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Jawaby Property Investment Limited – v – The Interiors Group Limited [2016] EWHC 557(TCC)

This recent case is a harsh lesson to contractors and subcontractors alike, in ensuring that an application is clearly marked as such and is fully complaint with the requirements of the contract.  Any defects in the format or content of that alleged application are likely to be harshly dealt with by the courts.  The court has previous in this regard, as Caledonian Modula v Mar City developments [2015] BLR 694 and Henia Investments v Beck Interiors [2015] BLR 704.

The courts stated that ‘ … this is an area where, as the authorities make clear, there is little scope for latitude.  If a contractor wishes to have the benefit of the interim payment regime such as that contained in the Contract, then its application for interim payment must be in substance, form and intent an interim application stating the sum considered by the contractor as due at the relevant due date and it must be free from ambiguity.  The Valuation here was not such an application.’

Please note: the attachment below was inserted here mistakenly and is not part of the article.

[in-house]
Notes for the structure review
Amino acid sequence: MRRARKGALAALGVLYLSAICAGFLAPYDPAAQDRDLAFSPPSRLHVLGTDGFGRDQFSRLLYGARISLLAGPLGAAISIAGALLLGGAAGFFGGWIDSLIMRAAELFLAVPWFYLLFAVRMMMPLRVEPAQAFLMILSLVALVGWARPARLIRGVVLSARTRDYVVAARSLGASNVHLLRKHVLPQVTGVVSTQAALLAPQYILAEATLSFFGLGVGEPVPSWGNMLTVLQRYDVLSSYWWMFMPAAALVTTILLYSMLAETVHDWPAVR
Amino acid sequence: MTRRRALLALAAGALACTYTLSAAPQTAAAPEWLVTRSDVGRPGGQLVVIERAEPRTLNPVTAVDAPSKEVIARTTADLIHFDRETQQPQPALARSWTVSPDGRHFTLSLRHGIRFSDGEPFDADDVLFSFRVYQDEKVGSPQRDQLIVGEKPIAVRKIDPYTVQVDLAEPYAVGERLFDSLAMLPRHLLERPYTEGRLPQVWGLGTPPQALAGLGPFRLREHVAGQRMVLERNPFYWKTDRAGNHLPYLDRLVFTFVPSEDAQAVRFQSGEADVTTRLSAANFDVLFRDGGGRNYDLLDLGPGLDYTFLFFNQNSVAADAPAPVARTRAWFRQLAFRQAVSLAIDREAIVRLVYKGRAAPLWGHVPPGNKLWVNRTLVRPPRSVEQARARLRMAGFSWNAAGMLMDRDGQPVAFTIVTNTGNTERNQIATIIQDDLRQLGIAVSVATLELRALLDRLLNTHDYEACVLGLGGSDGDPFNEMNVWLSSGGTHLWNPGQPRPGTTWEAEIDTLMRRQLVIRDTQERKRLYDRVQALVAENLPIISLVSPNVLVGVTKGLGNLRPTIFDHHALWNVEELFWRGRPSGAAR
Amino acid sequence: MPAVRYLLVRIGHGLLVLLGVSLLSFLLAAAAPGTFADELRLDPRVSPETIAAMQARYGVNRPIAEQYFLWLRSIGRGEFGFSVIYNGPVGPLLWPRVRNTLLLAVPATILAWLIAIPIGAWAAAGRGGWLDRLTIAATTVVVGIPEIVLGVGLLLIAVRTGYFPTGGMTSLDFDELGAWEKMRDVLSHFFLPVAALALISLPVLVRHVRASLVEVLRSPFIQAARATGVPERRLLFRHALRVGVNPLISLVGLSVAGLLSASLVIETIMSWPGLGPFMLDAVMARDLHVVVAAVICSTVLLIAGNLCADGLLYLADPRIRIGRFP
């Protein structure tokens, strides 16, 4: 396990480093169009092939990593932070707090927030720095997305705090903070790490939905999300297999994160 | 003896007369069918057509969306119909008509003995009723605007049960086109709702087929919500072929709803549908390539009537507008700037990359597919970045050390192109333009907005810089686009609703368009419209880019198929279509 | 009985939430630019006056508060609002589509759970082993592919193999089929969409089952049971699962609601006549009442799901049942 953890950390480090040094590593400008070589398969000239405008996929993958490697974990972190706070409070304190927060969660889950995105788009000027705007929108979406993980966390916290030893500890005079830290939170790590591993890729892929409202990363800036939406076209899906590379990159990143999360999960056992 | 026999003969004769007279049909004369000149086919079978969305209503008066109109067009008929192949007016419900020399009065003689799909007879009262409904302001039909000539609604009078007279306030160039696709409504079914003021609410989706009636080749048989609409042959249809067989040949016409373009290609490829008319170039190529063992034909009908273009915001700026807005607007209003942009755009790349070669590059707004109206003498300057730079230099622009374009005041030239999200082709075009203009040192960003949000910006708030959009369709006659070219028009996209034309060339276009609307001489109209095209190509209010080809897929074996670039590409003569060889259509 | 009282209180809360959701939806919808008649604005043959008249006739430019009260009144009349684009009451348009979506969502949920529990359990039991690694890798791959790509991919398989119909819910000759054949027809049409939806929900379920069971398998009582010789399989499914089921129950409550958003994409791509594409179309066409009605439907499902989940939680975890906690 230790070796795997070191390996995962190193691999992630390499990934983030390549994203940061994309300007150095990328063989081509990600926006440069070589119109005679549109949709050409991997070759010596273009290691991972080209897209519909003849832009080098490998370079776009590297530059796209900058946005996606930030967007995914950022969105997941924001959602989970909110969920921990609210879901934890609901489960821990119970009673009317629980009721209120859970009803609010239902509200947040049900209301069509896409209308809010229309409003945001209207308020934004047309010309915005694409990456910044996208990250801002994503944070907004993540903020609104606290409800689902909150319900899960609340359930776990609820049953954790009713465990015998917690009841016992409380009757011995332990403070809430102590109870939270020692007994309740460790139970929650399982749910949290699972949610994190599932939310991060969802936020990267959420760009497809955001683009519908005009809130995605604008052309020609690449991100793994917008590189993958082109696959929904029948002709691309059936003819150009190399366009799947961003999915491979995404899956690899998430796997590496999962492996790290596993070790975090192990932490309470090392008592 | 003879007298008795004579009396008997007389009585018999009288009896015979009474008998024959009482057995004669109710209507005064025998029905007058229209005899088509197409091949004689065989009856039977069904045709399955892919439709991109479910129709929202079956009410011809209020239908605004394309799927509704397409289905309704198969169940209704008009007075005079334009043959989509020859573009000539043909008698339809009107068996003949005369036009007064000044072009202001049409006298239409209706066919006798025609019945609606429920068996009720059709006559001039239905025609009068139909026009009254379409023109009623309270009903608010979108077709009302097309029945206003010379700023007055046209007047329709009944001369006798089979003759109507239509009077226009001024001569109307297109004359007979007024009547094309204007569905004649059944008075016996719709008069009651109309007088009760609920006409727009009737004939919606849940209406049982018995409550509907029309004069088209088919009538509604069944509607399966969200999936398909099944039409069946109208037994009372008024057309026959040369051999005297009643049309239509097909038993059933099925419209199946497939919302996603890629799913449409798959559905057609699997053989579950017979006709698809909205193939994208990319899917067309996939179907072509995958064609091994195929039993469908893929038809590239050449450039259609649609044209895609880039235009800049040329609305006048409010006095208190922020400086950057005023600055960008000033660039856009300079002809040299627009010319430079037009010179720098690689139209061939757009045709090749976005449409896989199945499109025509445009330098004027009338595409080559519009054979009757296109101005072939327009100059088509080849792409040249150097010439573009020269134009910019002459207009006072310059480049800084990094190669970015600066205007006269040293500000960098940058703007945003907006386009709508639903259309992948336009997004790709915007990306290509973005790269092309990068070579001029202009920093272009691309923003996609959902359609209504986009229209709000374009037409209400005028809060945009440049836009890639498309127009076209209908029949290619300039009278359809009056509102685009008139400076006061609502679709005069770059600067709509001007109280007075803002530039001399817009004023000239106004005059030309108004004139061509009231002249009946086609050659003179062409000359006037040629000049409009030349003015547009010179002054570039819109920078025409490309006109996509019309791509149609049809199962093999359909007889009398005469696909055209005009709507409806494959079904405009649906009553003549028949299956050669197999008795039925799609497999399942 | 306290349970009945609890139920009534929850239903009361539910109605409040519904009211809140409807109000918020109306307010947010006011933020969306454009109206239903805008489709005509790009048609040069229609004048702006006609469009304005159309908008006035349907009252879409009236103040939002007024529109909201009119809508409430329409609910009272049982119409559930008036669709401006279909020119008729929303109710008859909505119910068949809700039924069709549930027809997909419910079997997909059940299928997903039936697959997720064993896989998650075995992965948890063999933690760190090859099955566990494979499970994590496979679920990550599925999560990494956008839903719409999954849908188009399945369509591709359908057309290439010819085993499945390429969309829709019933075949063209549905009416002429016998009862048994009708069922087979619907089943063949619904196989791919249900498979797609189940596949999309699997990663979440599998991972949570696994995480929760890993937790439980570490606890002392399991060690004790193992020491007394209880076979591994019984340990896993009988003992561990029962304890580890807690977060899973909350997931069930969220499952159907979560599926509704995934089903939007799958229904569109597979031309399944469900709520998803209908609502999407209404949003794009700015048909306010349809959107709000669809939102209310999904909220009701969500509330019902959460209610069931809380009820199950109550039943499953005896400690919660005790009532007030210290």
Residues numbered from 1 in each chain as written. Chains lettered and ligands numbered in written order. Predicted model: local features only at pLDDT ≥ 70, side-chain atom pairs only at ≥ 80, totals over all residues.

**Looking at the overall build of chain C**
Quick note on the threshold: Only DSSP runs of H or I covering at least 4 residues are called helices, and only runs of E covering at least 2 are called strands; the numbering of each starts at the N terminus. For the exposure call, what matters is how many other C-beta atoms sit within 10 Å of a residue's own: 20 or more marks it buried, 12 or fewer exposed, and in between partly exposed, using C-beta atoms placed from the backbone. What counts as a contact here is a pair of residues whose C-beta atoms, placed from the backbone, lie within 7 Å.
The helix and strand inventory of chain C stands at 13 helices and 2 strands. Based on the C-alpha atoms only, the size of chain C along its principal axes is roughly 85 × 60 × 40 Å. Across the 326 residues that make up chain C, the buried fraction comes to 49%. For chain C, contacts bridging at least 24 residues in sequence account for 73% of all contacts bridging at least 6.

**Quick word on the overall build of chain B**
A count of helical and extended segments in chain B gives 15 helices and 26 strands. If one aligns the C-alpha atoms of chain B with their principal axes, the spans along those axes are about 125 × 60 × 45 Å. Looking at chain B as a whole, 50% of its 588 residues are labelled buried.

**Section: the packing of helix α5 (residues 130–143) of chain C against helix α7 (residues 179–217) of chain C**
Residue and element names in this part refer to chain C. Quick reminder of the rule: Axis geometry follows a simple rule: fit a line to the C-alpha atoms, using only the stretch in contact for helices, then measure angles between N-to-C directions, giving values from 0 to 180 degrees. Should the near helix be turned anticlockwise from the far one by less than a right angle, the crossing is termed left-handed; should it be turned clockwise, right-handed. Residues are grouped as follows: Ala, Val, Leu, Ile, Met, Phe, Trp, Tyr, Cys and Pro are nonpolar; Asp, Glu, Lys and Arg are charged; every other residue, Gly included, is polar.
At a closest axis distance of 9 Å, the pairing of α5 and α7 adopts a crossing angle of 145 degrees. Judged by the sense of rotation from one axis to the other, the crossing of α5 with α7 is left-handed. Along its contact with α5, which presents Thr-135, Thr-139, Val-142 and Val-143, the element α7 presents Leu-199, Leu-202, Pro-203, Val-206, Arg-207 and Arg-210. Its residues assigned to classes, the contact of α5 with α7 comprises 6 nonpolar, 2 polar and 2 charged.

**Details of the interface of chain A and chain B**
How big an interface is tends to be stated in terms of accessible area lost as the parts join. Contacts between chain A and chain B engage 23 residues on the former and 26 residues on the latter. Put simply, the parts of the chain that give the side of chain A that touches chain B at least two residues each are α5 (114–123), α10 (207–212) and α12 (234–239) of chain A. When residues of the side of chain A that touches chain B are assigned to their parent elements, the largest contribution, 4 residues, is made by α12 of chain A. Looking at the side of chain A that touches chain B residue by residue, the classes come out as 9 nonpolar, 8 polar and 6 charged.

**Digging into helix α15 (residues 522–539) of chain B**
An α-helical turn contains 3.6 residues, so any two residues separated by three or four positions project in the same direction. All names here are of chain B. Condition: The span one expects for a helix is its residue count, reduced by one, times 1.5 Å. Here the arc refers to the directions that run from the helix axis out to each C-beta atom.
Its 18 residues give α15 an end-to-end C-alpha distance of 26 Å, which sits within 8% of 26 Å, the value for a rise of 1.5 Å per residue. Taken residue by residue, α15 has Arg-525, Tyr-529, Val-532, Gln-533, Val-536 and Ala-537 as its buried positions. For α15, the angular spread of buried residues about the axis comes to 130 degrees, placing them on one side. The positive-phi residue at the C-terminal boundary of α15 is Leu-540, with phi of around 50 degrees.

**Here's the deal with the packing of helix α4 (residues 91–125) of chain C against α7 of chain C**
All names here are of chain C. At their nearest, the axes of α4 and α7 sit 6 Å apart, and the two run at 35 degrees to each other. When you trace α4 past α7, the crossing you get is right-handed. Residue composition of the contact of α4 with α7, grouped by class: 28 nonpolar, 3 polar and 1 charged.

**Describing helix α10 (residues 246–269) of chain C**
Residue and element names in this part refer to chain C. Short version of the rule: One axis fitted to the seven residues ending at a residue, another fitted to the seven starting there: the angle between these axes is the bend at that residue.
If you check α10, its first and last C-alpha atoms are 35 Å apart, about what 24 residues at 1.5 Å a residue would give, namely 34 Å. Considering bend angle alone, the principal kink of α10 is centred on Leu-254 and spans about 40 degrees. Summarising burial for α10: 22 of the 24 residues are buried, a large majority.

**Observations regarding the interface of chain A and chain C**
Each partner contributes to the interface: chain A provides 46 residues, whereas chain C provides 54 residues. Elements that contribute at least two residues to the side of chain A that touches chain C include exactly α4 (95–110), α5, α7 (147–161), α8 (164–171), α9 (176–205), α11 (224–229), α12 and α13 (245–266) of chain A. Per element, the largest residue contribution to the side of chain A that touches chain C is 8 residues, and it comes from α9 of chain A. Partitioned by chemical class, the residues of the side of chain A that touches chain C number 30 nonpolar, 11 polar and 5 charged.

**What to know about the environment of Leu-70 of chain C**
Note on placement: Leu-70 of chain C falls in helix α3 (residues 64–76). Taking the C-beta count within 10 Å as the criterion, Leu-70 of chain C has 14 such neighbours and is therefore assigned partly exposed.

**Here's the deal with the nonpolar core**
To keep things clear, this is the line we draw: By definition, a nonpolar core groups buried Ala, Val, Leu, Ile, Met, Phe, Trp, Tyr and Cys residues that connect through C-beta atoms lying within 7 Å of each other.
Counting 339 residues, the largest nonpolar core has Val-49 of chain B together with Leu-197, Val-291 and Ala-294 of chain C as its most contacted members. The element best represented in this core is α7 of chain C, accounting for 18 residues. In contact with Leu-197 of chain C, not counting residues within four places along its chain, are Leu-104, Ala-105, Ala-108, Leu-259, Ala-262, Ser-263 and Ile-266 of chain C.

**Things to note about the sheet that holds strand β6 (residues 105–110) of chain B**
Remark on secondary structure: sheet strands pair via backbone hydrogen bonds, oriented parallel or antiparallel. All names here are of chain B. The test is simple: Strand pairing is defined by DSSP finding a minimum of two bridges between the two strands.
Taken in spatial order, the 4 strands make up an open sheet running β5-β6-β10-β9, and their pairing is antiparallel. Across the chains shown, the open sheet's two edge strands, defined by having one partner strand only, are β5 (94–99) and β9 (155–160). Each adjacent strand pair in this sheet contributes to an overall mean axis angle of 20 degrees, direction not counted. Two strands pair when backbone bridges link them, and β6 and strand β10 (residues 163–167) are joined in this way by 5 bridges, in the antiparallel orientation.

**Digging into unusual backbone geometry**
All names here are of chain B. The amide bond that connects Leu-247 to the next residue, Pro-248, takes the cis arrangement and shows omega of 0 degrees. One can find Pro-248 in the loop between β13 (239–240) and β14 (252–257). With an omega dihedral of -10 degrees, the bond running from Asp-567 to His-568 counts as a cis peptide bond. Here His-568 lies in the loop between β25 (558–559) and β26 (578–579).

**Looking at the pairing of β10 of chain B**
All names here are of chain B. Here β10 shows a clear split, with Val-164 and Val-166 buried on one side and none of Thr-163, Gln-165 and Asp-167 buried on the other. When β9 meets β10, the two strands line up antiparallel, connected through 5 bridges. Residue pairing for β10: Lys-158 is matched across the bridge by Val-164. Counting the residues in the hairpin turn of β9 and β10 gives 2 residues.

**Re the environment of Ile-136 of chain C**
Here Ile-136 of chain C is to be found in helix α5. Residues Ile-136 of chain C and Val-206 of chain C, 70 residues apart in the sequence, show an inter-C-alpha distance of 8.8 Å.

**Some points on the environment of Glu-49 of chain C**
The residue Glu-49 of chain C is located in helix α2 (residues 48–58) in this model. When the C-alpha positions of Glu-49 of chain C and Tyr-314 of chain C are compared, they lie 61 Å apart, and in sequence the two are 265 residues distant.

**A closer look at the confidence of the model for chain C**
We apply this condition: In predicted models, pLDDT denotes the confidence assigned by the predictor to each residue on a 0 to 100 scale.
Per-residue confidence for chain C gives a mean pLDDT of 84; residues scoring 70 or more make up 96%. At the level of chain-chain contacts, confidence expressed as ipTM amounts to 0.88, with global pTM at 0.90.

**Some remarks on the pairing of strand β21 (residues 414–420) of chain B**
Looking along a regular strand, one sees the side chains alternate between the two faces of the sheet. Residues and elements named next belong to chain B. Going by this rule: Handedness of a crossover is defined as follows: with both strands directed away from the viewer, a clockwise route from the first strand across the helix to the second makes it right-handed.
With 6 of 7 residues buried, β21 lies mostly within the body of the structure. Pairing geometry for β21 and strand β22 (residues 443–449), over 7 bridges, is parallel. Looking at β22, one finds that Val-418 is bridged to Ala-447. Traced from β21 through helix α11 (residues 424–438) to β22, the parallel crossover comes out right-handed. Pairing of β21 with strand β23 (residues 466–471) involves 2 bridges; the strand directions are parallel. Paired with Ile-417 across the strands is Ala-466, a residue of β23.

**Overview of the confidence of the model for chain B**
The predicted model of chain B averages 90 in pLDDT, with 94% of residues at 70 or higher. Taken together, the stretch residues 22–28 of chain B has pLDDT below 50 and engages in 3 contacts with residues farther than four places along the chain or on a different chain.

The use of the word ‘initial’ in the application (showing this was not a firm or final assessment), a failure to adhere to a deadline request (written request issued), a failure to value the works to the due date  (the value taken was a few days short of that date) and errors in the content of the supporting documents (wrongly referring to the previous valuation) all led to the finding that the application was not valid, as it did not comply with clause 4.8.1 of JCT DB 2011.  Thus no monies were due as no default event had occurred.

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